Adult Needs & Strengths Assessment

The Adult Needs and Strengths Assessment is a multipurpose tool developed for adult behavioral health services. It is intended to prevent duplicate assessments by multiple parties, decrease unnecessary psychological testing, aid in identifying placement and treatment needs, and inform case planning decisions. Its assessments help support decision making, including level of care and service planning, to facilitate quality improvement initiatives, and to allow for outcomes monitoring.

Background

The required use of an internationally recognized assessment instruments, provides a comprehensive multi-purpose tool developed for mental health services to support decision making, including selection of the level of care, recovery or treatment planning, quality improvement initiatives, and monitoring of service outcomes. The assessment tool is used to communicate the shared vision throughout the system, elevating the individual and family voice along the continuum of care. The uniform assessment serves as the psychosocial assessment, as well as a trauma screening and suicide screening tool, for all people entering community mental health services in Texas. In addition, the uniform assessment is used to determine authorization for community mental health services and the appropriate level of care recommended under Texas Resiliency and Recovery services. An array of evidence-based practices and promising practices can be personalized in each level of care to meet the individual and family needs and build upon the unique strengths of each person. Services and supports provided via the TRR model are expected to result in improved behavioral and emotional functioning.

Six Key Principles of the ANSA/Communimetrics Tool

  1. Items were selected because they are each relevant to service and treatment planning. An item exists because it might lead you down a different pathway in terms of planning actions.
  2. Each item uses a four-level rating system. Those levels are designed to translate immediately into action levels. Different action levels exist for needs and strengths.
  3. Rating should describe the person not the individual in services. The assessment should identify what is important to the person, and what is important for the person.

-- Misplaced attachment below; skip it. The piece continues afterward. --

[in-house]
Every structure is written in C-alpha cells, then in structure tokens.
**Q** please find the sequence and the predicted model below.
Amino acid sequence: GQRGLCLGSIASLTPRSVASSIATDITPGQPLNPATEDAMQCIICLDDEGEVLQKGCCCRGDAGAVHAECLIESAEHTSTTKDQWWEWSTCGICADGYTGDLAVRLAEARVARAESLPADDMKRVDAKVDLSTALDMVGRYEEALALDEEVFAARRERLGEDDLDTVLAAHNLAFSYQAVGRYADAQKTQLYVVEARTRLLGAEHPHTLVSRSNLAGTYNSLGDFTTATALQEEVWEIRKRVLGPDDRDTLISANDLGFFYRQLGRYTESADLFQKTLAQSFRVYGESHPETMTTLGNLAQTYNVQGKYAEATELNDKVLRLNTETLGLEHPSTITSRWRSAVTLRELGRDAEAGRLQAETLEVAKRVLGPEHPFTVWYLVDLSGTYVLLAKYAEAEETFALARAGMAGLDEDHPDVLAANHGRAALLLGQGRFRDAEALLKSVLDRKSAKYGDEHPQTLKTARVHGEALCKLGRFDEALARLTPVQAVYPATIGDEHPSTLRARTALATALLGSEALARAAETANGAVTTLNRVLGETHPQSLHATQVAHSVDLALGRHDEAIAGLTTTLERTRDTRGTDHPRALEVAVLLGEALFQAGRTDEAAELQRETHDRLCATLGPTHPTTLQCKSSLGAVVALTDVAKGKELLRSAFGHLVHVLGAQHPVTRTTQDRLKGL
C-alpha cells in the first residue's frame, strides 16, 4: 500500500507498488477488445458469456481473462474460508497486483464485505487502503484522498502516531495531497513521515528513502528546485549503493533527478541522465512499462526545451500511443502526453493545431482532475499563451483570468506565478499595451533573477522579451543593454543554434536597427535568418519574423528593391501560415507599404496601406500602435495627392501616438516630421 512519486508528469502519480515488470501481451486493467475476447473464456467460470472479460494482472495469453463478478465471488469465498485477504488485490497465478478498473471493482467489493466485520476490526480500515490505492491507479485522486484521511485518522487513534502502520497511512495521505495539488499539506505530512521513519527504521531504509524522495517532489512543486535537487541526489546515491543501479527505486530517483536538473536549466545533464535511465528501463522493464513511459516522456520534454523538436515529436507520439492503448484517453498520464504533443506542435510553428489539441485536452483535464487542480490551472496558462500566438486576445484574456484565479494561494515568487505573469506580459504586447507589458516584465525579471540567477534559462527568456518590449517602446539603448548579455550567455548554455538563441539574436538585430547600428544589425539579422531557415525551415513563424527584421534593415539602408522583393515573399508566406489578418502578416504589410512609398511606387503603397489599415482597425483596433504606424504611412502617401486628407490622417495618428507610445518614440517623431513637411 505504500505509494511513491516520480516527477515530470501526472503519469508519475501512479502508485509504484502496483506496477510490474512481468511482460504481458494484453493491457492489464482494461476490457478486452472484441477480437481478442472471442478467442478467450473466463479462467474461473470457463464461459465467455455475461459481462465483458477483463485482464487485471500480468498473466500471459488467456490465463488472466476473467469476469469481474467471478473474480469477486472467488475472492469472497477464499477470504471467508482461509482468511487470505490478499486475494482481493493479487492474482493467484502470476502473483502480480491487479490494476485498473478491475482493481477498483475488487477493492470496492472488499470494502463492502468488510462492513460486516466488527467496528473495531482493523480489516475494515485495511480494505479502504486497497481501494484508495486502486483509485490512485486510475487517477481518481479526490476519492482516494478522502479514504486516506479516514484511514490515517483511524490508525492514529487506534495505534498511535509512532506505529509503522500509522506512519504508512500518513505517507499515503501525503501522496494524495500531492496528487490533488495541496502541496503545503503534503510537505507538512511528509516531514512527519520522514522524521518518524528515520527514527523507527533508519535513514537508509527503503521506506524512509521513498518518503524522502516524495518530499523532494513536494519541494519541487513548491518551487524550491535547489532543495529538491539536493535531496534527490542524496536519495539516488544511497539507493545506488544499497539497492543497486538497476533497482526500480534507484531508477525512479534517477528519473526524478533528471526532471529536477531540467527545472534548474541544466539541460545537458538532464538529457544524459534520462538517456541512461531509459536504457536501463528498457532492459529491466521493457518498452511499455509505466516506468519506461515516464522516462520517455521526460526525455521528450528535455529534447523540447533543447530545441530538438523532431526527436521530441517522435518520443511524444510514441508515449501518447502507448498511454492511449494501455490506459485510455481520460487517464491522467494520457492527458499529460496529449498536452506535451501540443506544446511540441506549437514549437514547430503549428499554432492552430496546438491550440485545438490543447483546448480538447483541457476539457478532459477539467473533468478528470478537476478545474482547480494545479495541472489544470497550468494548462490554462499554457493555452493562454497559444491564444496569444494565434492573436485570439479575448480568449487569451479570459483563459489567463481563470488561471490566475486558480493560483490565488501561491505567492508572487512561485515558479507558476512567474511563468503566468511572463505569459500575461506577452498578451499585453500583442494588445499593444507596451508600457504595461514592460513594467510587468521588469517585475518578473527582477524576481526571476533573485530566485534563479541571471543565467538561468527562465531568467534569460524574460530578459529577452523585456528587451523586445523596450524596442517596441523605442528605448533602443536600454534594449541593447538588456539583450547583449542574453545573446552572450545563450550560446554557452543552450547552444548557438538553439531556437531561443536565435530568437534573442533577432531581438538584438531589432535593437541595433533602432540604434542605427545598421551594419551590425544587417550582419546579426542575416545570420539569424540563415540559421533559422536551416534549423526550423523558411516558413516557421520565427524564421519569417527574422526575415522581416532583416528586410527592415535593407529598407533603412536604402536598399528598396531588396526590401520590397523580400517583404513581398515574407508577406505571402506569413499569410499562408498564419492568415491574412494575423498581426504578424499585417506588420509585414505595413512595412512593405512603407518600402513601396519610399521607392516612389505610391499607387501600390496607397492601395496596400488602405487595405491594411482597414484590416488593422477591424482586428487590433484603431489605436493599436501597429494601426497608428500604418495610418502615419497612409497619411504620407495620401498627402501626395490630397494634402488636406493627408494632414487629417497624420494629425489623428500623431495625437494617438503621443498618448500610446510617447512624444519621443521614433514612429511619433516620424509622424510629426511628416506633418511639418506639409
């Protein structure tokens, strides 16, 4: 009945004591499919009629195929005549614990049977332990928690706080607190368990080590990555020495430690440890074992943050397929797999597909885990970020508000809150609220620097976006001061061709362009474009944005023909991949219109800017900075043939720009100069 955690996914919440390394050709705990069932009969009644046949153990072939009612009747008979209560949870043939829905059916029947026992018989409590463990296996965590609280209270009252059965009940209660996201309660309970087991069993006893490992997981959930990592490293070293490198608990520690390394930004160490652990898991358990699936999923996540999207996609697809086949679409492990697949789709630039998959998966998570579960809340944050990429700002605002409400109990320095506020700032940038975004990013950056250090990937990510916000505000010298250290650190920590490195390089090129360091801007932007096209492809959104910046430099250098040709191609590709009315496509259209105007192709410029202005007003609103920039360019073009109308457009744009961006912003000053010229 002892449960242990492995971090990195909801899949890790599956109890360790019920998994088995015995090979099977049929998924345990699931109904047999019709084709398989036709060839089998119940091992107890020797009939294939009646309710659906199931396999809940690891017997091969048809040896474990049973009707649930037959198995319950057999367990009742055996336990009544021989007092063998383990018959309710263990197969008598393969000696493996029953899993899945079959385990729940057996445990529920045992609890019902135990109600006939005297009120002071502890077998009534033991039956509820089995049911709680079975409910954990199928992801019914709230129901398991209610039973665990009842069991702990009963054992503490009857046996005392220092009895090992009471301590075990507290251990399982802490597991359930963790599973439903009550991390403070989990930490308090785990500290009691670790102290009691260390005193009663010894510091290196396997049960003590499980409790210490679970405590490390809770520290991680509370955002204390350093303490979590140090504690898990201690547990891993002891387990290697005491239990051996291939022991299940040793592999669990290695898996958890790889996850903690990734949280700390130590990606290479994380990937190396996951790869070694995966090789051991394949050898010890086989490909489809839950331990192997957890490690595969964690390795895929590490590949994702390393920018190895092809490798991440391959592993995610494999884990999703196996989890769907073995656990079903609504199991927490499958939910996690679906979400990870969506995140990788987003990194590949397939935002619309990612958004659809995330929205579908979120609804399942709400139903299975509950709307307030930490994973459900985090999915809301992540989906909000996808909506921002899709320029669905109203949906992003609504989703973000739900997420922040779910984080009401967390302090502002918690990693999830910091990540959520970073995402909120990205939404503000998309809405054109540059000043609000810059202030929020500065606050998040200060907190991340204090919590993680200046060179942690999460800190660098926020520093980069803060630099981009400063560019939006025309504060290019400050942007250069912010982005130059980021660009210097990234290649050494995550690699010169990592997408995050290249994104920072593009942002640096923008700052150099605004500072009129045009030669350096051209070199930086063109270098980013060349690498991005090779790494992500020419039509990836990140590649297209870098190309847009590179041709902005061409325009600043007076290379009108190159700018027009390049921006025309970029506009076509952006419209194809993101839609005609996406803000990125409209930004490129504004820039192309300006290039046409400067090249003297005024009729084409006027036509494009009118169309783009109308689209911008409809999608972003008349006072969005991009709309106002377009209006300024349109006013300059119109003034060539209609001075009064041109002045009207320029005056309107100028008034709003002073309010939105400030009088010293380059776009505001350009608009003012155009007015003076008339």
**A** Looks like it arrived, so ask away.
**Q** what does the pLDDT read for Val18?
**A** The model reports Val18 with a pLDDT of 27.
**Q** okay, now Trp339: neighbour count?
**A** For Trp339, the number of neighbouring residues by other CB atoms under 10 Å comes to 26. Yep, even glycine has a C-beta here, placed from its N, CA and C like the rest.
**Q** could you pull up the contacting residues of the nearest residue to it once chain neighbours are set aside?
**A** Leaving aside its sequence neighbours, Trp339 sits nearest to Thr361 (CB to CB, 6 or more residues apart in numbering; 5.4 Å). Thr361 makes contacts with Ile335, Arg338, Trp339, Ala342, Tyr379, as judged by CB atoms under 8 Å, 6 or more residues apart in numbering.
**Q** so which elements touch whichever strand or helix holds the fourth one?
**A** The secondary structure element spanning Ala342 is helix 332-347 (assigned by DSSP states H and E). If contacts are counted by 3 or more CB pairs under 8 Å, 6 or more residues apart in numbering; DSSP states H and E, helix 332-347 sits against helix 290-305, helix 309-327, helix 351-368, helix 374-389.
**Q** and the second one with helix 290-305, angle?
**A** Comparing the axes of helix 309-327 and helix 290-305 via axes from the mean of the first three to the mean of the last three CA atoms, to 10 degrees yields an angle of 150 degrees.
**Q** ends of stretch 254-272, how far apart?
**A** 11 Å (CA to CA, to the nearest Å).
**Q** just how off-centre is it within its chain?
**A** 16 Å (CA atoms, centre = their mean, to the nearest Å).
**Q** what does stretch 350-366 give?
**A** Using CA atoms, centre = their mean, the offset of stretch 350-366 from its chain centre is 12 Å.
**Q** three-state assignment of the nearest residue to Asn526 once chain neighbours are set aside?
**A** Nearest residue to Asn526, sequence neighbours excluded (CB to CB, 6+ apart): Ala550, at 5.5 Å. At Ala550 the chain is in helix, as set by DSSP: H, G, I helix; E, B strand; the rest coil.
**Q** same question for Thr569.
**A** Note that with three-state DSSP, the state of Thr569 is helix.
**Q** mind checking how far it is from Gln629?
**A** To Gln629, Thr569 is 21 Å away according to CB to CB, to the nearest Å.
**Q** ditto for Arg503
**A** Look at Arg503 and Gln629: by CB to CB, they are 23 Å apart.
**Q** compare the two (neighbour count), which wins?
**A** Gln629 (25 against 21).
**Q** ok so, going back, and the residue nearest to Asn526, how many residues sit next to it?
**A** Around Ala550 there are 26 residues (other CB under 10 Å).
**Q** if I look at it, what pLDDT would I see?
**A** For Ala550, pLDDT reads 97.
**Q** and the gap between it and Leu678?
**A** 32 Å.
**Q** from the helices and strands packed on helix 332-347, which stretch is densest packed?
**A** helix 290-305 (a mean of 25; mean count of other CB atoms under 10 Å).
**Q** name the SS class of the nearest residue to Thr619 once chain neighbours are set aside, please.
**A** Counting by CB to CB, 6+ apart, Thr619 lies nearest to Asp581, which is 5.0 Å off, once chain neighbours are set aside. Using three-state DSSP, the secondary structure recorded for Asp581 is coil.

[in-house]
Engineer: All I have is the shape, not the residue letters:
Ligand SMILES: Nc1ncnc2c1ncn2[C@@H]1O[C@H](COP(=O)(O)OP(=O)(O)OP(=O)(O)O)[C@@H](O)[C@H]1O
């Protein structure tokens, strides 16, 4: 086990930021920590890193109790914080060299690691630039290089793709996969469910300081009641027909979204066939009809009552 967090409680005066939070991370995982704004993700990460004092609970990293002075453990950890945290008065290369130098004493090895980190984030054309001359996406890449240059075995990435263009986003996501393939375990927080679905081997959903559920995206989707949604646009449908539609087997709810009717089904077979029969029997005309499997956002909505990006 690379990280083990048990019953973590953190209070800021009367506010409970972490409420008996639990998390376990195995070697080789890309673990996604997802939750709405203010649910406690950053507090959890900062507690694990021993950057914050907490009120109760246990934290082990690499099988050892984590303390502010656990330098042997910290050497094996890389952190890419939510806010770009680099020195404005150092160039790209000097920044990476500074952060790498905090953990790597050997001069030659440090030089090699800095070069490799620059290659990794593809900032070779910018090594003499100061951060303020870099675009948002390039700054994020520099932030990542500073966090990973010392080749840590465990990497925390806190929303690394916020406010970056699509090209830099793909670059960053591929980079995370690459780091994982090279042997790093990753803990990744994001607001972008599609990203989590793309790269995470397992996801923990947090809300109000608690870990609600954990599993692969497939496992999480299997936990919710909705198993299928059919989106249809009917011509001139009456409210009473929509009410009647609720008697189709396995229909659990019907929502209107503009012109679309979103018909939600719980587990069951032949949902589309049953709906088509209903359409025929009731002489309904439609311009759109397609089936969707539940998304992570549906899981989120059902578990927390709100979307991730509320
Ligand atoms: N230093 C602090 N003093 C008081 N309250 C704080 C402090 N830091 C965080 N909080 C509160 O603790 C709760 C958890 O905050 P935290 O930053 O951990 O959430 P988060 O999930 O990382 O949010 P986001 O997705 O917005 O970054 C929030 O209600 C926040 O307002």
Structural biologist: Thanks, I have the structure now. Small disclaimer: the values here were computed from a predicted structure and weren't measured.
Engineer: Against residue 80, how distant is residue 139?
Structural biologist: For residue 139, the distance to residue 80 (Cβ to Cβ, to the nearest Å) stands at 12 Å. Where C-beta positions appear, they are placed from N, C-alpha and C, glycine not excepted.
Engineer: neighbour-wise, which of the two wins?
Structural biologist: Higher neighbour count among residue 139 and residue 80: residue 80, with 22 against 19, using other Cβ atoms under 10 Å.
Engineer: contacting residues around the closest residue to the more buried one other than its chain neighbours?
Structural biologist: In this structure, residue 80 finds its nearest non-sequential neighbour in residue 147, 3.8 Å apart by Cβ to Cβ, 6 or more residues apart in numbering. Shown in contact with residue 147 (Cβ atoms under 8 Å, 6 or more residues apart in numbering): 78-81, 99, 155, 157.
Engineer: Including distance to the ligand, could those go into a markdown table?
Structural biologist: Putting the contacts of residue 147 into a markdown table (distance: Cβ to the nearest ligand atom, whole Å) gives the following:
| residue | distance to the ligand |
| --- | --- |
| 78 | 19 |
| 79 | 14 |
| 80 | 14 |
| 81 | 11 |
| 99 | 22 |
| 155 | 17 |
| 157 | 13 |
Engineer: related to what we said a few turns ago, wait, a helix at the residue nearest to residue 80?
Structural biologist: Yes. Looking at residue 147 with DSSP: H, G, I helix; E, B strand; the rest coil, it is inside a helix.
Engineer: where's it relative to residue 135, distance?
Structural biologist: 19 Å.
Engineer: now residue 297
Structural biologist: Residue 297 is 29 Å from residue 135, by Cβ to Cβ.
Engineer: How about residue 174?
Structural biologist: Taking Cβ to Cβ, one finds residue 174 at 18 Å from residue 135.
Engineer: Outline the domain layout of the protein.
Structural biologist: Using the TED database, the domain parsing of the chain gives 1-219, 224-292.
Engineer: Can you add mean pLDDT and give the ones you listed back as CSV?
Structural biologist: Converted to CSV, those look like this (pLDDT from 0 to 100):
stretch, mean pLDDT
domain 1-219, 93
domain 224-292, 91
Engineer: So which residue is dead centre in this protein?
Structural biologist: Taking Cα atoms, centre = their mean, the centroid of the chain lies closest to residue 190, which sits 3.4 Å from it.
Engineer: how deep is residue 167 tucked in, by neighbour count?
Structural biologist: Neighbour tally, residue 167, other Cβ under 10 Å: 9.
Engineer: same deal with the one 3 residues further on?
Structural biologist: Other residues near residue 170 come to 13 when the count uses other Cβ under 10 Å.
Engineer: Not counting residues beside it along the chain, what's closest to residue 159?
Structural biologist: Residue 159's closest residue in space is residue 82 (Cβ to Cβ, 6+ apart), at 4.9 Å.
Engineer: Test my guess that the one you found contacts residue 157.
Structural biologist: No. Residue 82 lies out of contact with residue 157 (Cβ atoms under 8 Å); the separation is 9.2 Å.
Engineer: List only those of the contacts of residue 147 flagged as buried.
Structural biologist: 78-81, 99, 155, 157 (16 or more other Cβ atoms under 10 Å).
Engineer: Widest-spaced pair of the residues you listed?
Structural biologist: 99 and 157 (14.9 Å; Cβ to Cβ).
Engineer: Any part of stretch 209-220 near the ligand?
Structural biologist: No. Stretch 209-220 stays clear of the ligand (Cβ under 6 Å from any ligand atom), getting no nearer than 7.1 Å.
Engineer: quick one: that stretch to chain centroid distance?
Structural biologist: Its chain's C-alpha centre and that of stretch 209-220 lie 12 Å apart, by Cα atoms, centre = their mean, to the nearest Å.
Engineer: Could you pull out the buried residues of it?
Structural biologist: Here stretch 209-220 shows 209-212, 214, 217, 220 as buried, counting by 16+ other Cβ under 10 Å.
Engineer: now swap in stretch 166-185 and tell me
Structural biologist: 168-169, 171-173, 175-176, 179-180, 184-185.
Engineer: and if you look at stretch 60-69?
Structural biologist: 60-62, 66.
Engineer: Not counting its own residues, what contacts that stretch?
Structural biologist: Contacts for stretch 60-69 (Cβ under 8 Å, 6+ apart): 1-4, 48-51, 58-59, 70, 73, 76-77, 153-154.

4. The ratings are generally collaborative. In other words this is a descriptive tool including the person assessed input. It is about the ‘what’ not the ‘why’. Only two items, Adjustment to Trauma and Social Behavior, have any cause-effect conclusions.
  5. A 30-day window is used for ratings in order to ensure assessments stay ‘fresh’ and relevant to the individual present circumstances. However, the action levels can be used to over-ride the 30-day rating period. There is an expectation that success is possible – it’s a “chance to get past your past.”
  6. Consider culture and development before establishing an action level. Cultural sensitivity involves considering whether cultural factors are influencing the expression of needs and strengths. Developmental age is part of cultural consideration.

Why the ANSA?

The ANSA has received positive feedback by recipients, family members, providers, and other partners in the services system because it is a collaborative process and doesn’t necessarily require scoring in order to be meaningful to a person and their family. The way the ANSA works is that each item suggests different pathways for recovery treatment. There are four levels of each item with anchored definitions; however, these definitions are designed to translate into the following action levels and be scored accordingly (separate for needs and strengths):

For needs

0 = No evidence
1 = Watchful waiting/prevention
2 = Action
3 = Immediate/Intensive Action

For strengths

0 = Centerpiece strength
1 = Strength that you can use in planning
2 = Identified-strength-must be built
3 = No strength identified